The University of Sydney Business School has launched a research project in an effort to identify barriers to franchising in Southeast Asia, including Cambodia, and to develop a strategy to boost the sector’s growth in the region.
The two-year project, funded by AusAID, targets structural, regulatory, commercial and legal barriers, and will audit conditions affecting the franchise sector in the individual countries, a press release said.
“The franchise business model can make a significant contribution to economic development through the small to medium-sized enterprise sector, Andrew Terry, Professor of Business Regulation, said.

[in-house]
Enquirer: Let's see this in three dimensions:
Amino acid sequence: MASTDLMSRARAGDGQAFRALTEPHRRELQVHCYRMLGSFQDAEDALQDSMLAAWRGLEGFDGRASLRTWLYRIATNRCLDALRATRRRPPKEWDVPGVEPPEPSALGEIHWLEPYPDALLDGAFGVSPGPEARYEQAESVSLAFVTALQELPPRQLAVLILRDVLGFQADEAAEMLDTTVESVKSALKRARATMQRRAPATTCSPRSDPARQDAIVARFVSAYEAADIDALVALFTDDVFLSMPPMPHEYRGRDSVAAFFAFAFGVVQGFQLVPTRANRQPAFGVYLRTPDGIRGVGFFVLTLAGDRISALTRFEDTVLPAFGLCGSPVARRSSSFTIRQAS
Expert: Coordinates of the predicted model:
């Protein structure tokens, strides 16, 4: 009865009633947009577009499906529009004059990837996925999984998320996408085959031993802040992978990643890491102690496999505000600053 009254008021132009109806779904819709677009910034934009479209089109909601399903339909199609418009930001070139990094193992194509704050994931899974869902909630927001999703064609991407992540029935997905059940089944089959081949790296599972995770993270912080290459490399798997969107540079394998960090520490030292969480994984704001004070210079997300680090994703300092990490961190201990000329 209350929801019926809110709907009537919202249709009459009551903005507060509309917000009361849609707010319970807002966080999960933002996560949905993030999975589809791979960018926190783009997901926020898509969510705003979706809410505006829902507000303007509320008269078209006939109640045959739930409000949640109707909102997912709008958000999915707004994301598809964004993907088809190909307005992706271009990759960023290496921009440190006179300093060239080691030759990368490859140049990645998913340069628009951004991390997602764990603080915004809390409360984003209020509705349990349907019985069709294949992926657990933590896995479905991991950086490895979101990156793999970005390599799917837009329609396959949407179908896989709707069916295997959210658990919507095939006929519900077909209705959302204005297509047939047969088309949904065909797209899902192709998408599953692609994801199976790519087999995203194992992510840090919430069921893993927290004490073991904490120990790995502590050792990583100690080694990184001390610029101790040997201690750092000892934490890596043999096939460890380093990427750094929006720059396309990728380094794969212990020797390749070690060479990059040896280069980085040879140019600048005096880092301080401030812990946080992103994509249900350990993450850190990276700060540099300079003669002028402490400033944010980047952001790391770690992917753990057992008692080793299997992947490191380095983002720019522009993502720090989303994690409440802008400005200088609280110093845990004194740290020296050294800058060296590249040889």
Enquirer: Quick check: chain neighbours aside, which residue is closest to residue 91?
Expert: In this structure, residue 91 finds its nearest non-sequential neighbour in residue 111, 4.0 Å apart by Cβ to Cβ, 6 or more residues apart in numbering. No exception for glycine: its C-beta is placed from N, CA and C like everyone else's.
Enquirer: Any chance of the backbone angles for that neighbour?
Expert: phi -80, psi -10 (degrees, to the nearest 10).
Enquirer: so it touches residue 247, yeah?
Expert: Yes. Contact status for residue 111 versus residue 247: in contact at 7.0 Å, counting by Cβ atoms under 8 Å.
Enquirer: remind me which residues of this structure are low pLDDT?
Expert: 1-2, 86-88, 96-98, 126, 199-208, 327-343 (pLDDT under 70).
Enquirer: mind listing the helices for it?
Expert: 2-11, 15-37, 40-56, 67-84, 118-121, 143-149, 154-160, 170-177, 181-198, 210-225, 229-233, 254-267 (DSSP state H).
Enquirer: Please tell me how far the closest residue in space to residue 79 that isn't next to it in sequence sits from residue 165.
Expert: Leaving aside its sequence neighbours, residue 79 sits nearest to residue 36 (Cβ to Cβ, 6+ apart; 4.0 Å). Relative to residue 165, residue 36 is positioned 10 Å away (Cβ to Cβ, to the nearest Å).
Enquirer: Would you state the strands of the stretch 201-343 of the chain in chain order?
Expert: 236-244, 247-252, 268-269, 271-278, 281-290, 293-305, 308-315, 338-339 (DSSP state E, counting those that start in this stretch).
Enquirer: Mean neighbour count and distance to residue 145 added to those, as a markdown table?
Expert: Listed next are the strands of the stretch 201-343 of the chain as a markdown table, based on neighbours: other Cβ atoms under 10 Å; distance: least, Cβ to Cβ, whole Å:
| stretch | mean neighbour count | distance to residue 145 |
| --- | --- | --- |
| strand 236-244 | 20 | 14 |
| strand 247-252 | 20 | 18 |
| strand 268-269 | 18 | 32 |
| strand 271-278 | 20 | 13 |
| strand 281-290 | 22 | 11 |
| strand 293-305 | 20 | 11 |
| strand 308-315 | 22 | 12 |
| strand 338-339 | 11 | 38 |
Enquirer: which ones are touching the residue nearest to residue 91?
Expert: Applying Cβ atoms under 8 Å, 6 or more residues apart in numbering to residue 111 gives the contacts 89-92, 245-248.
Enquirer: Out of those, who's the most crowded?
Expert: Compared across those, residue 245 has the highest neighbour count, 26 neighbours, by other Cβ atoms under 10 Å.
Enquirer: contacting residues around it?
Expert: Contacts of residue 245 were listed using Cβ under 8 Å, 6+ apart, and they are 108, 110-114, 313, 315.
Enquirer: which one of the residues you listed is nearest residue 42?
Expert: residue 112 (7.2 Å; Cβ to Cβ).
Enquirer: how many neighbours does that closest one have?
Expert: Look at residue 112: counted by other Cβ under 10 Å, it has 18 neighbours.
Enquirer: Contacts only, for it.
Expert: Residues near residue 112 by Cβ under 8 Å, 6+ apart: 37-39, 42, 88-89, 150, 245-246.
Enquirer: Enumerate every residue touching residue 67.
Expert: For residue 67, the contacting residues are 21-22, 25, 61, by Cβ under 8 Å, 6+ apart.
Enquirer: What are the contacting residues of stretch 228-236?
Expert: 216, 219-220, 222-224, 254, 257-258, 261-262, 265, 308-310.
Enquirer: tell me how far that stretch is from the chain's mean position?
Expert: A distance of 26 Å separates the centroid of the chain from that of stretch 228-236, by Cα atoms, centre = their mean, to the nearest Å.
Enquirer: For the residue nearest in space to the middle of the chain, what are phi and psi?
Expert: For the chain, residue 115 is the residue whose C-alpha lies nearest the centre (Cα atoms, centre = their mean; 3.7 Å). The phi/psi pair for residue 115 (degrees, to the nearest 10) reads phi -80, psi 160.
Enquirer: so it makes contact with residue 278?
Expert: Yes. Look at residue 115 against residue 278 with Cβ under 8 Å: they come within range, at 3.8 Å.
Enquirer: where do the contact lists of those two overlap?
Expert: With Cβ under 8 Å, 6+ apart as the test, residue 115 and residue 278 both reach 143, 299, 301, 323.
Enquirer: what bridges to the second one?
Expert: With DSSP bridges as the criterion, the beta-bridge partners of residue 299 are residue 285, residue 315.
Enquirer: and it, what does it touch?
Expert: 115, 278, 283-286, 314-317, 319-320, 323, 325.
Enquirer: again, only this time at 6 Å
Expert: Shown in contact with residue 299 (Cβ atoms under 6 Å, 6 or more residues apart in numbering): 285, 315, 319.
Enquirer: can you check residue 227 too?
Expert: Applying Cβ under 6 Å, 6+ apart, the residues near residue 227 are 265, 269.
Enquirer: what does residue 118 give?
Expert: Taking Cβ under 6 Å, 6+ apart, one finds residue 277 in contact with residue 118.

Associate Professor Nigel Finch told the Post yesterday that the structural barriers for Cambodia are related to human capital, financial capital and the protection of intellectual property.
“I’ve got a business plan or a trademark... and if I export that from, say, Vietnam into Cambodia, what I’m worried about is somebody might steal these ideas,” he said regarding intellectual property.
“Cambodia has tremendous potential,” he said, adding that areas with the most potential are agriculture, manufacturing and the services sector.
Reuters reported last week that Thailand’s biggest convenience store operator, CP All, plans to apply for licences to open 7-Eleven stores in Cambodia by 2015.
To contact the reporter on this story: Anne Renzenbrink at email@example.com